Identify the circuit breaker panel in your home. Circuit breaker panels are usually found in utility rooms, basements, garages, or other designated areas. Open the panel cover using a screwdriver or by following the instructions provided by the manufacturer.

3. Visual Inspection

Begin by visually inspecting the circuit breaker for any visible damage, such as burn marks, discoloration, loose wires, or other signs of wear and tear. Ensure there are no loose connections or obvious signs of stress.

4. Reset the Circuit Breaker

If the circuit breaker is not currently tripped, you need to reset it before testing. Locate the switch for the suspected circuit and flip it firmly to the "Off" position and then back to the "On" position. A tripped breaker will be in the middle position, between "Off" and "On."

5. Single-Pole Breaker Testing

To evaluate a single-pole breaker, which controls 120-volt circuits, you will need a digital multimeter (DMM) set to the voltage range suitable for your electrical system. Ensure that you are using appropriate safety precautions and following the manufacturer's instructions for the DMM.

a. Remove the panel cover and locate the terminals on the circuit breaker where the wiring is connected.

b. Place one lead of the DMM on the terminal screw where the hot wire (black or red) is attached and the other lead on the neutral bus bar. The DMM should display the voltage reading corresponding to your electrical system's voltage.

c. If the DMM shows the appropriate voltage, the circuit breaker is likely functioning correctly. However, if the DMM does not display any voltage or a significantly lower voltage, it indicates a faulty breaker.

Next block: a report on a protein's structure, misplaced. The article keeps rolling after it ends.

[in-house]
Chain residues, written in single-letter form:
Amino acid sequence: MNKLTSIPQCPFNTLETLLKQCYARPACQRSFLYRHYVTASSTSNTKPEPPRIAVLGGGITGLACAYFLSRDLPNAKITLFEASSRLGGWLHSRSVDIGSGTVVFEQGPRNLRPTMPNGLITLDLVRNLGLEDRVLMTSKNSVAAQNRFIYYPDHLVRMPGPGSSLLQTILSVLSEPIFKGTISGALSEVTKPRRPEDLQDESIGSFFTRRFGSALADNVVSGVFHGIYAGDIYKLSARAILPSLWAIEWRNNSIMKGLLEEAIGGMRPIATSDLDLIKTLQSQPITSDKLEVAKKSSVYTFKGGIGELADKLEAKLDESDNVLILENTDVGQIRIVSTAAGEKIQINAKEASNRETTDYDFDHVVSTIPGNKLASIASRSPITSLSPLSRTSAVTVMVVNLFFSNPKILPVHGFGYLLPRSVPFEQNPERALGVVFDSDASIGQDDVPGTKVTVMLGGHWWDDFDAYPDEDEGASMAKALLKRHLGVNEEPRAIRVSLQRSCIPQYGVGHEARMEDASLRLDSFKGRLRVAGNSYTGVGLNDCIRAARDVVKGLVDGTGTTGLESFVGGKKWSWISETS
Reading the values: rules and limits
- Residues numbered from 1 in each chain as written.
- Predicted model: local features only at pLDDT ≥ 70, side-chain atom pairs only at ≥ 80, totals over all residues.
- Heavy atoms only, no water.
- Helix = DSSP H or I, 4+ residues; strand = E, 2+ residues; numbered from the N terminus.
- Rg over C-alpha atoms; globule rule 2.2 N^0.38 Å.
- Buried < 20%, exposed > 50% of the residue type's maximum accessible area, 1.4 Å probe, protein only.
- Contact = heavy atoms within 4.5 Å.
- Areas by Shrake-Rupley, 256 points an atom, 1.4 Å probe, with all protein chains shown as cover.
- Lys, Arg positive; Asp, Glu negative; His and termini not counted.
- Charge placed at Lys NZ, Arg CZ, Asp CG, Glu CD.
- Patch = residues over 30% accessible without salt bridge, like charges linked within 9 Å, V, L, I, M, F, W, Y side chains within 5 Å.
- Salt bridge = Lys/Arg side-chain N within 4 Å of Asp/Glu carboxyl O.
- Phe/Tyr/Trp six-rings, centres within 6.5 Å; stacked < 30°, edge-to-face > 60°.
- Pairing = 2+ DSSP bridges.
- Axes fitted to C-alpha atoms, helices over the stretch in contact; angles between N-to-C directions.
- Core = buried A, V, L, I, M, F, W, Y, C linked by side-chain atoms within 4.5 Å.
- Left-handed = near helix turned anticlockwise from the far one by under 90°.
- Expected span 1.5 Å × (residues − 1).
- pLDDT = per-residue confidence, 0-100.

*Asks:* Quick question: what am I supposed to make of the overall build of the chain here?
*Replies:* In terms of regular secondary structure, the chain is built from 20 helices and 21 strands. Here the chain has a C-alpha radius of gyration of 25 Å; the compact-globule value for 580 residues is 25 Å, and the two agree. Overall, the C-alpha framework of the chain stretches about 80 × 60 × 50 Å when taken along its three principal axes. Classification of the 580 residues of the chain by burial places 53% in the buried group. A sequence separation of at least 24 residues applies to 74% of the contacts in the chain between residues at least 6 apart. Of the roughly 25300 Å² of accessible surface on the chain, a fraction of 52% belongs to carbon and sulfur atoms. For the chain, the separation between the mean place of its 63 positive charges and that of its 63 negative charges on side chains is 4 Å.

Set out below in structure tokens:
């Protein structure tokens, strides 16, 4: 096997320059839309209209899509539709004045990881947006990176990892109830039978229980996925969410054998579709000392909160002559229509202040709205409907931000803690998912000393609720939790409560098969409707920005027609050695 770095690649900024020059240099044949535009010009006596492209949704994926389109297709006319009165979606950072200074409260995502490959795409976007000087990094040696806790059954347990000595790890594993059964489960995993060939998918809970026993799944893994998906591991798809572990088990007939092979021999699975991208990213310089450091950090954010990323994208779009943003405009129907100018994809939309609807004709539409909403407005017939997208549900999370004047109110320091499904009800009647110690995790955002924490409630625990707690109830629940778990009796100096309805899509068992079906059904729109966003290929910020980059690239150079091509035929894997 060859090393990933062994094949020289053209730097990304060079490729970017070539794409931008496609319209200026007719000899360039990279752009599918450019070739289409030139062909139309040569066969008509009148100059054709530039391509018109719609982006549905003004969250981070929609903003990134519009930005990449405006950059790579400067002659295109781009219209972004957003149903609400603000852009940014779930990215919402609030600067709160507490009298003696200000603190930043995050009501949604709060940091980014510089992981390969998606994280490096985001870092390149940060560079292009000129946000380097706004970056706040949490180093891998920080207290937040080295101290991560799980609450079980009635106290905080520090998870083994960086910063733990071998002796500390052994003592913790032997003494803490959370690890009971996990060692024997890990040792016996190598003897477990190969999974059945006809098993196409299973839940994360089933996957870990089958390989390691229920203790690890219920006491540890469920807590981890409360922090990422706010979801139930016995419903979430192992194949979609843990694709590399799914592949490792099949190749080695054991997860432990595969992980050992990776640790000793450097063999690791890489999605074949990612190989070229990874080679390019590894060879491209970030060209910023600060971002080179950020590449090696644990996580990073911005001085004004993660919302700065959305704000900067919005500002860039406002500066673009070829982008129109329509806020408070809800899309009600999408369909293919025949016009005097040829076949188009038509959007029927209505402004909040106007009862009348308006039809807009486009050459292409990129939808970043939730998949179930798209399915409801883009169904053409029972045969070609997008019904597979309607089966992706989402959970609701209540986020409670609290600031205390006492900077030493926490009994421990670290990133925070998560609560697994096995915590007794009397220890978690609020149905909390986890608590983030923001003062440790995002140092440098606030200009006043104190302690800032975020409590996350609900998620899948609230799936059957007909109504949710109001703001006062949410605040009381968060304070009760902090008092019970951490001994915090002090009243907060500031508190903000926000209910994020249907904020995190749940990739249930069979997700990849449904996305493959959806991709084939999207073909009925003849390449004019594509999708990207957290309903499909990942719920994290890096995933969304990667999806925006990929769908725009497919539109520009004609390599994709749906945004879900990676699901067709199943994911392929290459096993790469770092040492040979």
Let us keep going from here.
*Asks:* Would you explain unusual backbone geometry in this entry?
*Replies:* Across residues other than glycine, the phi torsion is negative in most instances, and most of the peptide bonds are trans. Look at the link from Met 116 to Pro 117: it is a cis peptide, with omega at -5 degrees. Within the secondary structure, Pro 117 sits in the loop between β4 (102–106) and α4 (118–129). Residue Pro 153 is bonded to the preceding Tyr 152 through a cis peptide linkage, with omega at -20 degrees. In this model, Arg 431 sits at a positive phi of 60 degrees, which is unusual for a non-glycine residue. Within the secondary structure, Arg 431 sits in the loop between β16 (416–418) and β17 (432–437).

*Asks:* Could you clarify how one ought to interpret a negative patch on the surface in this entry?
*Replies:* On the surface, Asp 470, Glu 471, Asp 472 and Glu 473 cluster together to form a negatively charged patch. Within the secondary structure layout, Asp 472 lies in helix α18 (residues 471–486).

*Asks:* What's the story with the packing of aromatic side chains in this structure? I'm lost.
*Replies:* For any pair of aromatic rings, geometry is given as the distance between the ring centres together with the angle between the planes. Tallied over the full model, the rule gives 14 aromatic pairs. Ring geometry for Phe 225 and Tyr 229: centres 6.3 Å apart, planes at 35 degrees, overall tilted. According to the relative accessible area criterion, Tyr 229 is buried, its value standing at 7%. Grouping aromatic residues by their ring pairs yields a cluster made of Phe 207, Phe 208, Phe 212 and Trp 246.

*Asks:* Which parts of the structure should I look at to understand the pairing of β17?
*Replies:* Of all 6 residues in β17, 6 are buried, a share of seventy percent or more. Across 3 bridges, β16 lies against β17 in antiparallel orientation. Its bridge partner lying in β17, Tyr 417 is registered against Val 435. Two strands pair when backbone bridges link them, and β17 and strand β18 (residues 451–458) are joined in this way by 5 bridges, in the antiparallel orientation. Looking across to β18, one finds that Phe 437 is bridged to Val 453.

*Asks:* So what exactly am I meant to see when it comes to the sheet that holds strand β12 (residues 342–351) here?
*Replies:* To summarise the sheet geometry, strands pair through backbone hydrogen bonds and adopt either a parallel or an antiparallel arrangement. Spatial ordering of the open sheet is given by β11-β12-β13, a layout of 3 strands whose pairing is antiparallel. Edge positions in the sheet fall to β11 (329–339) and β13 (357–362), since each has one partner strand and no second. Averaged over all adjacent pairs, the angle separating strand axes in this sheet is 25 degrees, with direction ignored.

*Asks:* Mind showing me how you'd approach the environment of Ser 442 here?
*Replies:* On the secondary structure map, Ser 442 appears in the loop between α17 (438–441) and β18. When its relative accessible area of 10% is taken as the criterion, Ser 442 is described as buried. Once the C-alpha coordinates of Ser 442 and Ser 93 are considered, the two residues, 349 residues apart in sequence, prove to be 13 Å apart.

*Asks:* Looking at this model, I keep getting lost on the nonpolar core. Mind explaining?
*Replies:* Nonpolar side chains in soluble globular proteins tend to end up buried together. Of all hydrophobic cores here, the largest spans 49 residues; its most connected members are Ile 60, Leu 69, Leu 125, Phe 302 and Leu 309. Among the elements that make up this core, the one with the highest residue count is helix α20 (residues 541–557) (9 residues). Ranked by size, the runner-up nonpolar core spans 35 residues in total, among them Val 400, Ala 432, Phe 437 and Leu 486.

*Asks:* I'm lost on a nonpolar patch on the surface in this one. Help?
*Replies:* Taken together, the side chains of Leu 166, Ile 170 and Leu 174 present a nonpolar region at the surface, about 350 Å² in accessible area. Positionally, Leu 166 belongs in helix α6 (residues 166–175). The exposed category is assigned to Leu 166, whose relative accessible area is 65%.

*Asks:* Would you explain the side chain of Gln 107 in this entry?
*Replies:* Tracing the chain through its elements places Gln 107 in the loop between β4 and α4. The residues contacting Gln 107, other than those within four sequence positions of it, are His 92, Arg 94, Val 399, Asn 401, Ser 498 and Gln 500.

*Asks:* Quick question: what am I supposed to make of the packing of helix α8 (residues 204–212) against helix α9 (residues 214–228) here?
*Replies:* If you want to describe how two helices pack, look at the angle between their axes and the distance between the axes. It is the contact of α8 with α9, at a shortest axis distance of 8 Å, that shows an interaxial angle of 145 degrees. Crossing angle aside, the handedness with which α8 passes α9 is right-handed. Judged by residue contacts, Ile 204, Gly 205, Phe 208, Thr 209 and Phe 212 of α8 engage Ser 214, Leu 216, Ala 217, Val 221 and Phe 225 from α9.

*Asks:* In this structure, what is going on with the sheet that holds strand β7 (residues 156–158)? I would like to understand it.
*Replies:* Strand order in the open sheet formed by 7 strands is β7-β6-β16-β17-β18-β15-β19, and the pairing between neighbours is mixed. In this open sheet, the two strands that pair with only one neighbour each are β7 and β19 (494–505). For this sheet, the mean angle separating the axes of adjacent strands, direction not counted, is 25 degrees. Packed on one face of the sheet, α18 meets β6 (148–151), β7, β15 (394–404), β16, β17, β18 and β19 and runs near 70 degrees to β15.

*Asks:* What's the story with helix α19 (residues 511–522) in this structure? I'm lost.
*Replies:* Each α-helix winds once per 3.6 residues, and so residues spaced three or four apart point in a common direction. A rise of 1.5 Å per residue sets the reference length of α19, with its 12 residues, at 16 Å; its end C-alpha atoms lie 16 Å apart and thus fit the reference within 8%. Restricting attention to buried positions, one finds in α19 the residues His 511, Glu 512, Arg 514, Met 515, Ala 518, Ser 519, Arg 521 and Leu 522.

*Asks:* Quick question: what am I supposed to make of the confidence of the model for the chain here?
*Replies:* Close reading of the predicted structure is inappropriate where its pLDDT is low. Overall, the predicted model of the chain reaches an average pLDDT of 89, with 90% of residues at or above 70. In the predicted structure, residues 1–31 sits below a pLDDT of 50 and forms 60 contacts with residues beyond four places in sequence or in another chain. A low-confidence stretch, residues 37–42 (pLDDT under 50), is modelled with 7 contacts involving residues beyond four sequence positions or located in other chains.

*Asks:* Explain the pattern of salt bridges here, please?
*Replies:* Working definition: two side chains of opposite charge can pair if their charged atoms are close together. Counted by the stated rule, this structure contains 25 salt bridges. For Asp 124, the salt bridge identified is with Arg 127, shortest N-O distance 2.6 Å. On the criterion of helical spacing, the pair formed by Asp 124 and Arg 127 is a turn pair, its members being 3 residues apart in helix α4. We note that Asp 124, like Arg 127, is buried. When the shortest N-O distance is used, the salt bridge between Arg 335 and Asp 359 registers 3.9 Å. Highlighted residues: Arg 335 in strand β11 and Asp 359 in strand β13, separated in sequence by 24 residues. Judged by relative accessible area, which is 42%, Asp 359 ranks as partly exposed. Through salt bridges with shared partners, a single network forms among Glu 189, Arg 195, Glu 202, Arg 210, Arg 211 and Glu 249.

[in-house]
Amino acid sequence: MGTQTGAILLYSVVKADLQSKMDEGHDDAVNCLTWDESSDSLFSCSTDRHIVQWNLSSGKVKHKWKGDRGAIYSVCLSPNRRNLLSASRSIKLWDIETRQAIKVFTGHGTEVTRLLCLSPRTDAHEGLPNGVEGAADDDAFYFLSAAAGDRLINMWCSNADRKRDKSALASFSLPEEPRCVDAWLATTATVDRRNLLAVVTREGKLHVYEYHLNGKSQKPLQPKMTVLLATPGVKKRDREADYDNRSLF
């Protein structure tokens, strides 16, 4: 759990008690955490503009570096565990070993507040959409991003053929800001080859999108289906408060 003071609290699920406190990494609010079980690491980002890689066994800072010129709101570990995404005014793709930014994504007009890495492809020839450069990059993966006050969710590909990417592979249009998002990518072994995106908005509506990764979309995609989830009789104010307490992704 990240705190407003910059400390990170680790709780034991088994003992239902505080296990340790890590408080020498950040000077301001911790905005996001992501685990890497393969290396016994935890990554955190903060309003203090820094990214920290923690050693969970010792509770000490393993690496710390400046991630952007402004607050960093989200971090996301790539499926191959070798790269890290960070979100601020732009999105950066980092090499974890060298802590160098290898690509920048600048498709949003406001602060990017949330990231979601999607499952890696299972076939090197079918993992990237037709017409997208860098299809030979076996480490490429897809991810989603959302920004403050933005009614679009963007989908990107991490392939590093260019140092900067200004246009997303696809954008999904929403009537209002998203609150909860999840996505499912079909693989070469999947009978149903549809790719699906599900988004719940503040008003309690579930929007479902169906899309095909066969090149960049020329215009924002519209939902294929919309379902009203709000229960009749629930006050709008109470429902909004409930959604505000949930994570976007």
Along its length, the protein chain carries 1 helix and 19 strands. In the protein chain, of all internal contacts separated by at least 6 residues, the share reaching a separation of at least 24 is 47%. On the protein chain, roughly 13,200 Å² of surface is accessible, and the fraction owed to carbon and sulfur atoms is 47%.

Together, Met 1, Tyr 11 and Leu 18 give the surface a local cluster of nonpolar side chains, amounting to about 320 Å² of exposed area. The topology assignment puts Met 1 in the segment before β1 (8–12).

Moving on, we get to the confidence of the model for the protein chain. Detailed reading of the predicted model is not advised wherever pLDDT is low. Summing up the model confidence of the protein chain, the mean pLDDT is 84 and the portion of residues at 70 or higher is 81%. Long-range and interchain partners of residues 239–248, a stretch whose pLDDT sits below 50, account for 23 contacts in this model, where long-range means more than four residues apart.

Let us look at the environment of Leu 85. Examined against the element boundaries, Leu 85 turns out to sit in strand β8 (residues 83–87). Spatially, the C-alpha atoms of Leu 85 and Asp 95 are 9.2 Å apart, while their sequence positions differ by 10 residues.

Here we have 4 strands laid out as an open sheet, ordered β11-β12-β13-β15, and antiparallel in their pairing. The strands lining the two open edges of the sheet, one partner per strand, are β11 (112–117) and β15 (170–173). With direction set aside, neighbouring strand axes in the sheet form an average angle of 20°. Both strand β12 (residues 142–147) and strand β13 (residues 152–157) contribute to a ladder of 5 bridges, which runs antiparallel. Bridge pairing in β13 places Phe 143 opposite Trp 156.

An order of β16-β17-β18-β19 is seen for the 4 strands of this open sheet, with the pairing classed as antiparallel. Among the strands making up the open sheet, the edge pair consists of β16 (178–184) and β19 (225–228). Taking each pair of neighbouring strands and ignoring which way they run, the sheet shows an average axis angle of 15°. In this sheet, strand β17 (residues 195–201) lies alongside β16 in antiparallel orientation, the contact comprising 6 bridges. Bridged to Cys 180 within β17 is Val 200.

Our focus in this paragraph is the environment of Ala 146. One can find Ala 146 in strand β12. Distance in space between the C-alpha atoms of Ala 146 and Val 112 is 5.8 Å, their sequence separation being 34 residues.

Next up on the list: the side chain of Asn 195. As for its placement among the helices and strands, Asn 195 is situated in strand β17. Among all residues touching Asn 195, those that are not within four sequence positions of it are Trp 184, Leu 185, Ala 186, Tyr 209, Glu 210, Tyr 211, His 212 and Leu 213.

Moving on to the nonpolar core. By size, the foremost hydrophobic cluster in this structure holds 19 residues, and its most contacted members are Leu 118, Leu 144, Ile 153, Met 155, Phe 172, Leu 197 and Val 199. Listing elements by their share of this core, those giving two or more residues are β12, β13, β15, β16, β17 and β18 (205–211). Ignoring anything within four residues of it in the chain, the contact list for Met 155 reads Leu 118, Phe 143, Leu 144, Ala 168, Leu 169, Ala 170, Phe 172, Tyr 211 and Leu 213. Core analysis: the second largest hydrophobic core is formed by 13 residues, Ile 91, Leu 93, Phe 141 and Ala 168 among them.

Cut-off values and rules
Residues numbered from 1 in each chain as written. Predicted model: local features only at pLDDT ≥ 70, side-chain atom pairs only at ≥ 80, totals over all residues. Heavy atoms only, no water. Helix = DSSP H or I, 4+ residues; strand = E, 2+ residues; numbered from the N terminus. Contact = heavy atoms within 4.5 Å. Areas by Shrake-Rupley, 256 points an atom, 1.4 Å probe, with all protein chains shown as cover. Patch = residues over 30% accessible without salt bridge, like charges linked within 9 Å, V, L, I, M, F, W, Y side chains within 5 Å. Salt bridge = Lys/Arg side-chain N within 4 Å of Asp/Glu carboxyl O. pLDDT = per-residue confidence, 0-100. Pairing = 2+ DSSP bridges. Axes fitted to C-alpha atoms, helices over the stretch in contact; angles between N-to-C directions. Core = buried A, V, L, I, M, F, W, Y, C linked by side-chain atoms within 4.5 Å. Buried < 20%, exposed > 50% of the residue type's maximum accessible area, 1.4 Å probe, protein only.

6. Double-Pole Breaker Testing

For double-pole breakers, which control 240-volt circuits, the testing process is slightly different. Again, ensure that you are using appropriate safety precautions and following the manufacturer's instructions for the DMM.

a. Switch off the main circuit breaker to cut off power to the entire electrical panel, ensuring your safety during the testing process.

b. Locate the terminals on the double-pole breaker where the wiring is connected. These breakers usually have two hot wires (black and red) and a neutral wire.

c. Use the DMM to test the voltage between one hot wire and the neutral wire. Then, test the voltage between the second hot wire and the neutral wire. The DMM should display the appropriate voltage for your electrical system.

d. If both voltage readings are within the expected range, the double-pole breaker is likely functioning correctly. However, if the DMM does not display any voltage or shows an incorrect voltage reading, it indicates a faulty breaker.

7. Consulting a Professional

If you are unsure about performing the testing process yourself or if you do not have the necessary tools, it is always recommended to consult a licensed electrician. A professional will have the expertise and equipment to accurately diagnose the issue and safely repair or replace the faulty circuit breaker.


Regularly checking the condition of your circuit breakers is crucial for maintaining a safe electrical system in your home. By being aware of the signs of a faulty breaker and following the step-by-step testing process outlined in this article, you can quickly identify and address any potential issues. Remember, your safety should always be a priority, so do not hesitate to seek professional assistance if needed. By taking proactive measures, you can ensure the continued reliability and safety of your electrical system for years to come.